Favorite books of 2017

Breaking my blogging silence to follow Katherine’s lead in writing about the best books I read this year. I intended to read 24 books, doubling my goal of 1 book a month from the previous year. Little did I realize having a baby and discovering the library ebook apps in the same year would lead to a lot of nursing/binge reading sessions, so I nearly doubled my reading goal (finishing number 47th on NYE).

It’s hard to pick which ones were the best, and I gave more goodreads stars to some that aren’t on here than others that are but I went with the ones that have stuck in my head the most since reading.

Top Nonfiction


I Believe in Love: A Personal Retreat Based on the Teaching of St. Therese of Lisieux: for breathing life into my relationship with God and for helping me to break out of my overly analytical introspection that can be a stumbling block in my spiritual life.

Peaceful Parents, Happy Kids: How to Stop Yelling and Start Connecting: for forcing me to fruitfully reflect on what worked and didn’t work in my own upbringing, for alleviating a ton of the anxiety and guilt I was experiencing in my relationship with my toddler, and for giving me concrete practices that I use every day.

Deep Work: Rules for Focused Success in a Distracted World: kind of sensationalist, but it was the gut punch I needed to really examine my relationship with social media and screen time and realize just how much I get in my own way of my dreams and goals.

The Benedict Option + Animal, Vegetable, Miracle: a two for one because though they are vastly different books, together they impressed upon me the significance of living as locally as possible. (The fact that my almost four month old can’t spend a minute in her car seat without screaming also impressed local living upon me.) Separately, they convinced me that I should be saying more rosaries and planting a garden.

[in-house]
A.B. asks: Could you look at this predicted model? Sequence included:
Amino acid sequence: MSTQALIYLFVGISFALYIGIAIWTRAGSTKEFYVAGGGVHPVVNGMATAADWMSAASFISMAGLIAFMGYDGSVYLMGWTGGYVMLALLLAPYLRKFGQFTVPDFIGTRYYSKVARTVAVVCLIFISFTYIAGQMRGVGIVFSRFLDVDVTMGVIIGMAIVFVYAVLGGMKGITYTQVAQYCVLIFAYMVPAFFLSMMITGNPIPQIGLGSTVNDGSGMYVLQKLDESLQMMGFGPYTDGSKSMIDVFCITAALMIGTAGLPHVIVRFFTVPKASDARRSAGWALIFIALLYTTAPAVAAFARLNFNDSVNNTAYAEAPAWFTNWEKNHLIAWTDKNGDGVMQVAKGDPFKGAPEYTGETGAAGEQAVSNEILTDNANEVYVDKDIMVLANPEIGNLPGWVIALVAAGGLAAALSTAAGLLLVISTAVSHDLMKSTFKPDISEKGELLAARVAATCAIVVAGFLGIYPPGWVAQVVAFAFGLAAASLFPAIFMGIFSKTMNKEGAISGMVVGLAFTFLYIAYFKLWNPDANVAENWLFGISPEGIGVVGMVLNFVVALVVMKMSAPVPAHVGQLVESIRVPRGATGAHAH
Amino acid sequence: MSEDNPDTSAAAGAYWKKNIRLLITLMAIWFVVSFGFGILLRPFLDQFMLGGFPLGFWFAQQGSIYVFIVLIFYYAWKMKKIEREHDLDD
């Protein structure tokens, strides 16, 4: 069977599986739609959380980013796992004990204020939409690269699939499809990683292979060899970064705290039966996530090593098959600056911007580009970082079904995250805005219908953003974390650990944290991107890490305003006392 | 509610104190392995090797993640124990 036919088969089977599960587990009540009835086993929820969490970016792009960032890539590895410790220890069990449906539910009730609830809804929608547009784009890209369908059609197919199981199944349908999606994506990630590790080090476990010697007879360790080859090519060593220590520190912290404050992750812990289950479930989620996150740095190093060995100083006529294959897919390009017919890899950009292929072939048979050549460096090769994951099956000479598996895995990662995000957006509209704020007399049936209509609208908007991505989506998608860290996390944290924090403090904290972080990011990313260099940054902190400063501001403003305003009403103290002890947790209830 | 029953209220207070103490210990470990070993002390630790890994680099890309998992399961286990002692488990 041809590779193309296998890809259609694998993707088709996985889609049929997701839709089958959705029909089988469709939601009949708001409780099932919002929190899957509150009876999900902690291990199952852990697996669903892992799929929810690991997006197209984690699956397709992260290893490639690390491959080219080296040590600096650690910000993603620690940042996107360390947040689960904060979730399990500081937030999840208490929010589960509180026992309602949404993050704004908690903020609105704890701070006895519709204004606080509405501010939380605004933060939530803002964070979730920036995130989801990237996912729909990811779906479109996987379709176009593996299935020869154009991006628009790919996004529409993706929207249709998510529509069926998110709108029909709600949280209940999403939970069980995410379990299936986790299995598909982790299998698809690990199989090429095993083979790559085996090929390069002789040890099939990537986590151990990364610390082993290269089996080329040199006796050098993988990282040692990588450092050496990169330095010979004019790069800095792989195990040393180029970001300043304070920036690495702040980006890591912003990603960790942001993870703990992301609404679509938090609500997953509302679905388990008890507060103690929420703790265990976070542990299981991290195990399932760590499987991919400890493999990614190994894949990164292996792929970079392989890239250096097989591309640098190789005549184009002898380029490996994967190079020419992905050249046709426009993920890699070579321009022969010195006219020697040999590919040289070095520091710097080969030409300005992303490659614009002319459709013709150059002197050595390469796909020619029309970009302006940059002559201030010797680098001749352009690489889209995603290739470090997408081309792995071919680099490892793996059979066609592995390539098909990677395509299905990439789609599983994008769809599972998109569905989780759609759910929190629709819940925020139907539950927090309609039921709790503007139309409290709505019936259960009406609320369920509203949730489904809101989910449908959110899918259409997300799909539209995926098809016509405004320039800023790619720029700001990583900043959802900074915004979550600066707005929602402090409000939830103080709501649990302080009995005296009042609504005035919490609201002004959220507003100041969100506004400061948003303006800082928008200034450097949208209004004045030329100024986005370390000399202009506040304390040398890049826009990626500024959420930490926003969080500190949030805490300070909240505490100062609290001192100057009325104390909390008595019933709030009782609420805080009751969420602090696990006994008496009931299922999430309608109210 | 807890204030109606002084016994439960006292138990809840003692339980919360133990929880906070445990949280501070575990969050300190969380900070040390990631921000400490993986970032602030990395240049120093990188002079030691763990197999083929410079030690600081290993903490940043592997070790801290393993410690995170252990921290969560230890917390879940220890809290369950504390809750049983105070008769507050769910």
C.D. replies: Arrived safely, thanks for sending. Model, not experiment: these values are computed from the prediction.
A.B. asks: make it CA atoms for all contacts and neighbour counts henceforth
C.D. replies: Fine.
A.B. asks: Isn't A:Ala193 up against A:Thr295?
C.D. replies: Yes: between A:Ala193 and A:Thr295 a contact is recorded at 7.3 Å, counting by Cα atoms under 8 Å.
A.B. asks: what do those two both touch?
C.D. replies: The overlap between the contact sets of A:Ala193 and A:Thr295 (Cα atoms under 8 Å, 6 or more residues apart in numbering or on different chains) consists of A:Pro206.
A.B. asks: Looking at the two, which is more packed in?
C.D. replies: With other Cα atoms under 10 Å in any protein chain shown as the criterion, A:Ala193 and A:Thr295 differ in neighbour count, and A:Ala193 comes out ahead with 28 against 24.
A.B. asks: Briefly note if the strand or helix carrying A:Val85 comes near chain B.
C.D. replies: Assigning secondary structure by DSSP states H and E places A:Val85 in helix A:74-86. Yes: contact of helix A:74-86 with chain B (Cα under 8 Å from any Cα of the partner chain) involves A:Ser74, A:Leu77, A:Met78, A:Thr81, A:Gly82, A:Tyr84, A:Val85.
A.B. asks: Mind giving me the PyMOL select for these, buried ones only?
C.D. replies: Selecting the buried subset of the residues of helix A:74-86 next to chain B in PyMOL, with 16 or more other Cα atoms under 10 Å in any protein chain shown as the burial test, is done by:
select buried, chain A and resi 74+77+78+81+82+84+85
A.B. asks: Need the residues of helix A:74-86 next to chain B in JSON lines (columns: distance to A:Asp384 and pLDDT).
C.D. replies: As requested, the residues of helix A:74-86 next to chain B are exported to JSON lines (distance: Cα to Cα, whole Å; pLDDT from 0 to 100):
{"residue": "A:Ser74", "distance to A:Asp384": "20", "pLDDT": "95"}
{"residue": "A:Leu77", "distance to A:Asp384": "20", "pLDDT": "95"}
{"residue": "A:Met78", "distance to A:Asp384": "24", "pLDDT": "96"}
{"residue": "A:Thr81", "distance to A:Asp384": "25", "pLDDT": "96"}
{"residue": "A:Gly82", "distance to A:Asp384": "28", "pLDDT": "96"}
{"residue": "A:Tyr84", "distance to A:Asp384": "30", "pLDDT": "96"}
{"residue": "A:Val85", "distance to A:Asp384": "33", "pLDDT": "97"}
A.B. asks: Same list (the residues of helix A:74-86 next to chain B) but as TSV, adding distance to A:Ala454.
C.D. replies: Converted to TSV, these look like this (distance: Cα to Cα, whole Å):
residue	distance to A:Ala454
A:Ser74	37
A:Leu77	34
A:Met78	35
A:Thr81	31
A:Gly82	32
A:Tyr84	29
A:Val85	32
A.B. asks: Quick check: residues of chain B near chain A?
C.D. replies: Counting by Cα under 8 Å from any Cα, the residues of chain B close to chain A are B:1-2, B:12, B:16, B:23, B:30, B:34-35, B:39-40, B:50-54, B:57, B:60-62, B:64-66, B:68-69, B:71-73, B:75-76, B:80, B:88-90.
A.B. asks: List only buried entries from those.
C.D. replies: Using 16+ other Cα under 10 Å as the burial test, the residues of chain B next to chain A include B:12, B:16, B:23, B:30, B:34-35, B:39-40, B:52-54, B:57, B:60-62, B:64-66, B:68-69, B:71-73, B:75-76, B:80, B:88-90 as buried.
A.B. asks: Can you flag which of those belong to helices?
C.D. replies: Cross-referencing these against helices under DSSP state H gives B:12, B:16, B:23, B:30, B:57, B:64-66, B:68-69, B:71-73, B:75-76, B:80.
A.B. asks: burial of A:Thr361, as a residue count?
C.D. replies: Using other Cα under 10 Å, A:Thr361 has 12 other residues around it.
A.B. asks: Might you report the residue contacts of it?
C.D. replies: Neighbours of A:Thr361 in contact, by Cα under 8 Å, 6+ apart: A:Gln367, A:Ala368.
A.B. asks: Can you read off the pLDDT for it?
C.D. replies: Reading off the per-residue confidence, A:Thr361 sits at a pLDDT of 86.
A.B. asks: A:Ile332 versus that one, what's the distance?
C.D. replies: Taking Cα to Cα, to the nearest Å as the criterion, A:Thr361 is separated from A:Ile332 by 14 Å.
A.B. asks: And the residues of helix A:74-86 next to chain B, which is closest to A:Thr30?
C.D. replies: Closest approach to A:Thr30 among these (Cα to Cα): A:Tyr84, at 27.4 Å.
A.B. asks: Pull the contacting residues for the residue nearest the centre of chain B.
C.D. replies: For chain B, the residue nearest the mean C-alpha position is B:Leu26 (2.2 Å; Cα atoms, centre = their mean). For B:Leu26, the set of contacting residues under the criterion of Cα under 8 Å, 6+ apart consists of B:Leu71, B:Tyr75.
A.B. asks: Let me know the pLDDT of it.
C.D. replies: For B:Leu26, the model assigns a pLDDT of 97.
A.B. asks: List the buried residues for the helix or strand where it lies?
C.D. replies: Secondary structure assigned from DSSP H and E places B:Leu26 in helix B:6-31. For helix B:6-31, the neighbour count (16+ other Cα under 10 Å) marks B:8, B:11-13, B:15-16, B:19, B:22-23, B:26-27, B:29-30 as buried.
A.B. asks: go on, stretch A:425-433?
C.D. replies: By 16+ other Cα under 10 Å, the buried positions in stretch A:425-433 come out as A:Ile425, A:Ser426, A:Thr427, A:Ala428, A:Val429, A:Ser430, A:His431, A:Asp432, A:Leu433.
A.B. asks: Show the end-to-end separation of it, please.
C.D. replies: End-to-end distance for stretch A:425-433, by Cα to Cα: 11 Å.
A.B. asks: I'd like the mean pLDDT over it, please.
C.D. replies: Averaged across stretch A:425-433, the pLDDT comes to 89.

Top Fiction


A Tree Grows in Brooklyn: beautifully captured growing pains and joys and reminded me of how powerfully the inner landscape of our souls can be shaped by good books.

Middlemarch: because Dorothea Brooke should be the literary patron saint for any fiery young person who wants to change the world.

Emma: another book that impressed local living upon me in its own way.

Brooklyn: lyrical and lovely. Reminded me of A Tree Grows in Brooklyn, but definitely it’s own book. It was better than the film and the film was excellent. I’d happily pick up more Colm Tóibín.

In this House of Brede: a fascinating read for someone who ached for the cloistered life as a teenager. I think I’ve found a kindred spirit in Rumer Godden.

Reading Trends this Year

Jane Austen: two of her novels, one biography, and one sweet memoir of a young man’s life and how it was influenced by Jane. I love Jane all the more and think she would have been great fun to be friends with.

Contemporary reads: I habitually seek the comfort of British lit falling anywhere in the 19th century to the 1960s but I felt like I needed be more conversant of edgy contemporary (or if not edgy, just contemporary) things this year. Twenty-four of the forty-seven books I read were published after 2000. There were truly notable exceptions, but in the future, I think I’ll mostly stay off the best-sellers list and stick to my dead British authors.